A few weeks ago when Microsoft announced Windows 10 S to the world in New York City during their big education focused event, a key feature which was touted about this version of the OS was its locked down status and ability to only run apps that are in the Windows Store.

Combine that tidbit with last weeks announcement at Build 2017 that SUSE and Fedora Linux would both join Ubuntu in the Windows Store and you suddenly have IT Pros, System Admins, and developers asking about running those Linux distros on a device with Windows 10 S installed.

Well yesterday, Rich Turner a Senior Program Manager at Microsoft who works on the team that is delivering the Windows Subsystem for Linux (WSL) to Windows 10 users, provided a straight forward answer to this question:

"The answer is No!"

No way to misunderstand that answer for sure but there are some very valid reasons behind it which he goes on to explain over on the Windows Command Line Tools For Developers blog.

Turner explains that Windows 10 S is not well suited for many app developers/hackers, admins & IT pro's!

He provided a summary of those issues/concerns:

-- App developers often need to use tools that have access to low-level features of the local machine, e.g. debuggers, registry access, filesystem access, hardware access, etc.

-- Admins & IT Pro’s need to write and run scripts & tools that deploy apps, configure users’ accounts, modify security settings, configure firewalls & anti-malware systems, etc.

-- Windows 10 S does not run command-line applications, nor the Windows Console, Cmd / PowerShell, or Linux/Bash/WSL instances because they operate outside of the safe environment provided by Windows 10 S to protect against malicious software.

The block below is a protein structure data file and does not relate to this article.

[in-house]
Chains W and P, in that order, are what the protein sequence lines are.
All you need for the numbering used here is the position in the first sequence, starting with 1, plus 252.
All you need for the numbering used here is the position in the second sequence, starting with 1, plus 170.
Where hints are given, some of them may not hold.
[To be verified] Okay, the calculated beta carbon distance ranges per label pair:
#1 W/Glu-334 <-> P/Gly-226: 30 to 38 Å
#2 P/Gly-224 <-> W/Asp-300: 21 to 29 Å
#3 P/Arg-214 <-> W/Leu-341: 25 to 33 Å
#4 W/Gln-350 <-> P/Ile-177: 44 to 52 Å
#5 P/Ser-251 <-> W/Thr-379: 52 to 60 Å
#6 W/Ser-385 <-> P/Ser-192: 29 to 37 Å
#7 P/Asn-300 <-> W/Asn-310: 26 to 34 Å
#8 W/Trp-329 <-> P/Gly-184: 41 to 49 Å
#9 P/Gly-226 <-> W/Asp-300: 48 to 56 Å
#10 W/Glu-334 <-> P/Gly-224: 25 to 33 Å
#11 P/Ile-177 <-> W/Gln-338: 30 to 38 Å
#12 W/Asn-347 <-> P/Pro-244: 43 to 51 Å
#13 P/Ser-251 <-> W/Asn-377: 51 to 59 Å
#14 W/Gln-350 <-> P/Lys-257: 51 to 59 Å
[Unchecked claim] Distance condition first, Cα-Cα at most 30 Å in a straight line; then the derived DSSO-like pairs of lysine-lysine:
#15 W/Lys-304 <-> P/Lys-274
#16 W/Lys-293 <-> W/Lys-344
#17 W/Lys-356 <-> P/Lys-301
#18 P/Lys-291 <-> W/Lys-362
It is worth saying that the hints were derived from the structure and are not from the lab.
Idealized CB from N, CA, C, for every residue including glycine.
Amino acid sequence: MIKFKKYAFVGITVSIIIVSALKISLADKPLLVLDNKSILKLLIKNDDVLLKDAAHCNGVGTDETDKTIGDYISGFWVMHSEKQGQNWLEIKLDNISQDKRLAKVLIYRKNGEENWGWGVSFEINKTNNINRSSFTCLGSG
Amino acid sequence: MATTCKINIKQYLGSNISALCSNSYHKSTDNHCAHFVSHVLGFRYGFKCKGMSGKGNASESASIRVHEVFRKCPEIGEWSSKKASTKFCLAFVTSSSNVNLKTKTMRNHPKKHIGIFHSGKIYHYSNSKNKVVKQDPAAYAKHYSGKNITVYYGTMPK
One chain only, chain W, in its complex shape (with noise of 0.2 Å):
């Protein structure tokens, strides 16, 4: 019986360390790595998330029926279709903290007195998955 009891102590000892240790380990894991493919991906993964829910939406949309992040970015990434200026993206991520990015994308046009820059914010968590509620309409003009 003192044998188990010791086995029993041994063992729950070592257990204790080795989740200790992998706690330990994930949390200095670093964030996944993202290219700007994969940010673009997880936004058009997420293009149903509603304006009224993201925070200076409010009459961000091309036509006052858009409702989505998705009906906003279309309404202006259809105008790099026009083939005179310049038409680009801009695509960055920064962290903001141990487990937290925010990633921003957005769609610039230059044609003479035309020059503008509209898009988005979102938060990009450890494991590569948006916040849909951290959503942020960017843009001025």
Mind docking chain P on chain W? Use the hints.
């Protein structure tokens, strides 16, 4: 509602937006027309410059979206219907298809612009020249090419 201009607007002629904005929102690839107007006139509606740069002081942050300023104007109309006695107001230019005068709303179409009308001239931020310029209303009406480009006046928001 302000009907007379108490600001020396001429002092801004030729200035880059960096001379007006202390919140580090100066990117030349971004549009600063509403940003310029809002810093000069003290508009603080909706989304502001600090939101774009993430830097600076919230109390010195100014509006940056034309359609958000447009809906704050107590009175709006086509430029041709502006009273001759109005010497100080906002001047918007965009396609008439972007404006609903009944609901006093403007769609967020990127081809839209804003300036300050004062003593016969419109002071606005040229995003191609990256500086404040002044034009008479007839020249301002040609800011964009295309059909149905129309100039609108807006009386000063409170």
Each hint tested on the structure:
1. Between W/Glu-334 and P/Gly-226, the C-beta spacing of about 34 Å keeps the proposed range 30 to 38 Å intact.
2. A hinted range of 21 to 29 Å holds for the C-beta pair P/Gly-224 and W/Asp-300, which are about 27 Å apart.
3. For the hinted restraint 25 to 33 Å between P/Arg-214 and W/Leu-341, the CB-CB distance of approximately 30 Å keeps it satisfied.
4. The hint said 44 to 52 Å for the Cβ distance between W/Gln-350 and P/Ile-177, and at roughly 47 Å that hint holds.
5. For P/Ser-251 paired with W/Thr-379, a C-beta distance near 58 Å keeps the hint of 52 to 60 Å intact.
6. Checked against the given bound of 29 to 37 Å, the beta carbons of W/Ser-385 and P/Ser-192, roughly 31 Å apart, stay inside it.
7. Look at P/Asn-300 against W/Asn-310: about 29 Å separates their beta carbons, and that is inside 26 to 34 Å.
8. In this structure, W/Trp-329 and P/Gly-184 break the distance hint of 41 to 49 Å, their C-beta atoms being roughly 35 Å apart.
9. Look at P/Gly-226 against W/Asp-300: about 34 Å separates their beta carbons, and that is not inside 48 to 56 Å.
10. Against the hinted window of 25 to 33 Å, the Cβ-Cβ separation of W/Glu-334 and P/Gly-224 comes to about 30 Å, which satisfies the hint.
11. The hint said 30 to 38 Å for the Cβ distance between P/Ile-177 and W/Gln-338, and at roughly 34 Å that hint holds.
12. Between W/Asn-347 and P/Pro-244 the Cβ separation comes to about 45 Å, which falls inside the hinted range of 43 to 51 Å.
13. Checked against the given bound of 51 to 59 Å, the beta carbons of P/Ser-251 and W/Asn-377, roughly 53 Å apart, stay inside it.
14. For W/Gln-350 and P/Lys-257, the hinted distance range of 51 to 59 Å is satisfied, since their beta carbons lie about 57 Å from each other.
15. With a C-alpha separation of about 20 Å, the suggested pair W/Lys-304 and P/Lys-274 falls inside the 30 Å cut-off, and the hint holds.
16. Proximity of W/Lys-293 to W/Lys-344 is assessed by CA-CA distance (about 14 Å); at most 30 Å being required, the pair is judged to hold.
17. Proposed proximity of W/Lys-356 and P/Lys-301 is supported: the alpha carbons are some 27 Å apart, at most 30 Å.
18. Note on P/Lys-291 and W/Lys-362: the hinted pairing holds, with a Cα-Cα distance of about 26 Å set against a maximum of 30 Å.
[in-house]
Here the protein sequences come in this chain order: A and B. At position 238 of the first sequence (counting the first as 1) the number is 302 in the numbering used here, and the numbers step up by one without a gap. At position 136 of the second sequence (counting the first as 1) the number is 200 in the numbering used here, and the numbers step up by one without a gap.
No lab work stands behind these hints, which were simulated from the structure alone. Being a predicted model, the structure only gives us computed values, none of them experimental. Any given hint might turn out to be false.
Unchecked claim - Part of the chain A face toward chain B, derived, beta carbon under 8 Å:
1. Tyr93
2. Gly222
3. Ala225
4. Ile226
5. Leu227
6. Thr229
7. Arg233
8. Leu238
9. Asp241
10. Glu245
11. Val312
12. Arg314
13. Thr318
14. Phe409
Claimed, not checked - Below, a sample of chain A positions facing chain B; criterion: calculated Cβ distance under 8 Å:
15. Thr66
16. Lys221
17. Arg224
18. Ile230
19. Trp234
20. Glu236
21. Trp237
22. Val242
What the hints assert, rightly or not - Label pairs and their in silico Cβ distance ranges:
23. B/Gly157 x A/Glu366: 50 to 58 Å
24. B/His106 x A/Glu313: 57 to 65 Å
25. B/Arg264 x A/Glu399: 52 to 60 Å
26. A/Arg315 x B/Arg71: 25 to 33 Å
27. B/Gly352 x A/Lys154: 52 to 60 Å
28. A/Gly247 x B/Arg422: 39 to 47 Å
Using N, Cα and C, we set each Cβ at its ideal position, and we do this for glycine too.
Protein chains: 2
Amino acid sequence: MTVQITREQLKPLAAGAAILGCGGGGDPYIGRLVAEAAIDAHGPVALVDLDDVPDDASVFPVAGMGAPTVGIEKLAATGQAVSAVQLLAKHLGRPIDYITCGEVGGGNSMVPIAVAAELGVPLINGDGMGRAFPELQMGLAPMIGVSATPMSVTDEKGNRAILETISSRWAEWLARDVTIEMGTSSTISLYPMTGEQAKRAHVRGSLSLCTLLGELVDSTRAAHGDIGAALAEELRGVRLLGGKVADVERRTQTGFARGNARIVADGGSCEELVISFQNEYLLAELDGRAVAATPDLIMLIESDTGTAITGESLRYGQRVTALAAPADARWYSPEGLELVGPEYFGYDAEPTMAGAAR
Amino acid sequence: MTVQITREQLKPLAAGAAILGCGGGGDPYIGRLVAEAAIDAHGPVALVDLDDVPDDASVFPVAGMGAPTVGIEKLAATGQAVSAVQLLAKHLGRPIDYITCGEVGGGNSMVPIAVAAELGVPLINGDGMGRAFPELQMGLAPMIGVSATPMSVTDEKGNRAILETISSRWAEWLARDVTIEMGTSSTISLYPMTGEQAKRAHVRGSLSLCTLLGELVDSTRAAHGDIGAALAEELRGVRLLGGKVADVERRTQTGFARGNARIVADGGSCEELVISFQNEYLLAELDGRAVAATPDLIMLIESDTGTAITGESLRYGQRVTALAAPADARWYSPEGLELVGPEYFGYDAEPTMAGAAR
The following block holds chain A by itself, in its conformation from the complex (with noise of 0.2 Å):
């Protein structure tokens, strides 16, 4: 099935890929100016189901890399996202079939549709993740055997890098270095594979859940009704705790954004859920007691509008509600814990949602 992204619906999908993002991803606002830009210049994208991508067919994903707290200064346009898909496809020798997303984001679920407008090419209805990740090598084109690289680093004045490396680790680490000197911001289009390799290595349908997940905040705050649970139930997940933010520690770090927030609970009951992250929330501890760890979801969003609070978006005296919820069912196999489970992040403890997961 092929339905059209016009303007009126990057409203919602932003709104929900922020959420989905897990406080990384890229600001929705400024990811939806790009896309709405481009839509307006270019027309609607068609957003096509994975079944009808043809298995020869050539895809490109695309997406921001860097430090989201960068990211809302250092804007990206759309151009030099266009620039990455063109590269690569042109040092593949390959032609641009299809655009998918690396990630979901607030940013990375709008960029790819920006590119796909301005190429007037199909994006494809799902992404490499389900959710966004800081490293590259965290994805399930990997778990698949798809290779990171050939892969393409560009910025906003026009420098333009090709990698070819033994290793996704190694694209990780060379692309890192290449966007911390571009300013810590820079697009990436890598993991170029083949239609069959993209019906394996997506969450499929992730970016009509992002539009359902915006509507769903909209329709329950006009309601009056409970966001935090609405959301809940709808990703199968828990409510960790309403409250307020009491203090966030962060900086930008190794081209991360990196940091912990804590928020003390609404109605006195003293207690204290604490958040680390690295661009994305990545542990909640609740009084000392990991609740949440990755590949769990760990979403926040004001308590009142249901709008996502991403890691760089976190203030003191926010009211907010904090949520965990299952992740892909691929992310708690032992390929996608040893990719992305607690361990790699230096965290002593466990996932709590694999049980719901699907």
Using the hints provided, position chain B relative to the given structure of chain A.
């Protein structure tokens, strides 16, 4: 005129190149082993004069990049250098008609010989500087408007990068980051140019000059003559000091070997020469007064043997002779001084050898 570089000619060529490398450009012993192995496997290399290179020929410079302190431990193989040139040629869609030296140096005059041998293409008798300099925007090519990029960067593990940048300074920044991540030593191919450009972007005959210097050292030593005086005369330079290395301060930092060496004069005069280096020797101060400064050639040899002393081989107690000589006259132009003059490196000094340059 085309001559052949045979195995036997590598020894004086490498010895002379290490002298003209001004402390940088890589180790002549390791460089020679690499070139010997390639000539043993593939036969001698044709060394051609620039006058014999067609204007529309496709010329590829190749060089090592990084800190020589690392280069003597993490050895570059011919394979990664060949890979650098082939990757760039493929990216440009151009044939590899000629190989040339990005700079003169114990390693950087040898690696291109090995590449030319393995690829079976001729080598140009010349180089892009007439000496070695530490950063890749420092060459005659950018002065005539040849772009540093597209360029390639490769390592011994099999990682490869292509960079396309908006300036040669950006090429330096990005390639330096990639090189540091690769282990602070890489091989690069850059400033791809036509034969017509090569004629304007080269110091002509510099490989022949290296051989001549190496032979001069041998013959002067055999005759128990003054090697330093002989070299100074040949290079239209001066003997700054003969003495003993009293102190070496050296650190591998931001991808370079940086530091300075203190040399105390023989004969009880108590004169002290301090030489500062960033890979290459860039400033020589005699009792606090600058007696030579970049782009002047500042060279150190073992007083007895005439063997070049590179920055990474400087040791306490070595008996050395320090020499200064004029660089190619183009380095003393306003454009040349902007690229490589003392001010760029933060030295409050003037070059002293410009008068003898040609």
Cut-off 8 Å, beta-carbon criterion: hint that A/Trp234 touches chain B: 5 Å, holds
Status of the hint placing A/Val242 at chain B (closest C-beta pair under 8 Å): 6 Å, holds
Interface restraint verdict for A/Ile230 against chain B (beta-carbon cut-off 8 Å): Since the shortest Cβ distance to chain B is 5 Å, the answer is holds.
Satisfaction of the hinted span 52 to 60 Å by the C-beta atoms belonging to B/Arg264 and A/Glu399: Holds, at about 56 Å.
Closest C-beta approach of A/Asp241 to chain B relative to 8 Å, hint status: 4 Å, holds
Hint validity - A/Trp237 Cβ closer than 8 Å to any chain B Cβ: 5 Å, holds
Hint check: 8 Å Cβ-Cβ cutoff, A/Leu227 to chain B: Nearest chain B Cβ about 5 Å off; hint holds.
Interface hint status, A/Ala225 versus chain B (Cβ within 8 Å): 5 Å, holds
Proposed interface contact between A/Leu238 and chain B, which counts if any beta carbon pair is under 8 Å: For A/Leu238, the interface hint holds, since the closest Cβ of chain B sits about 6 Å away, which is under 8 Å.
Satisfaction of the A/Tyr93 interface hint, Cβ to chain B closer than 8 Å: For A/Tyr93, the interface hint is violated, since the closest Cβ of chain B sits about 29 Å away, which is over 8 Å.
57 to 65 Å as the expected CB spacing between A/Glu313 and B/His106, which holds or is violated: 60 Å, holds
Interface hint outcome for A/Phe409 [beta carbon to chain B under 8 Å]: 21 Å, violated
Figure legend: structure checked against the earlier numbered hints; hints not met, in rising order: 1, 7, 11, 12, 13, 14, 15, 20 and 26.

Now some of you reading this will ask about apps in the Windows Store that were converted using the Desktop Bridge and have more access to system level functions. Although this is true, each of those apps are being published through a direct partnership between the company and Microsoft so they have been vetted and the publisher provides full support and updates. In Turner's words they are vetted for that access and verified they are not a security risk.

It is permissions and system level access which are needed by the Linux distro's that make them unsafe for Windows 10 S but any other Universal Windows Platform app that is available in the Windows Store should run just fine in their protected sandbox.

If you are a developer, admin, or IT Pro and you need more capabilities on a Windows 10 S based system like a Surface Laptop then you can always upgrade to full Windows 10 Pro for $50 however, until the end of 2017 that upgrade is being offered for free.

So as you can see upon further review, there is nothing nefarious here and the limitations of some apps being able to run on Windows 10 S make sense when it comes to the operating systems intended purpose of being more secure for its users.

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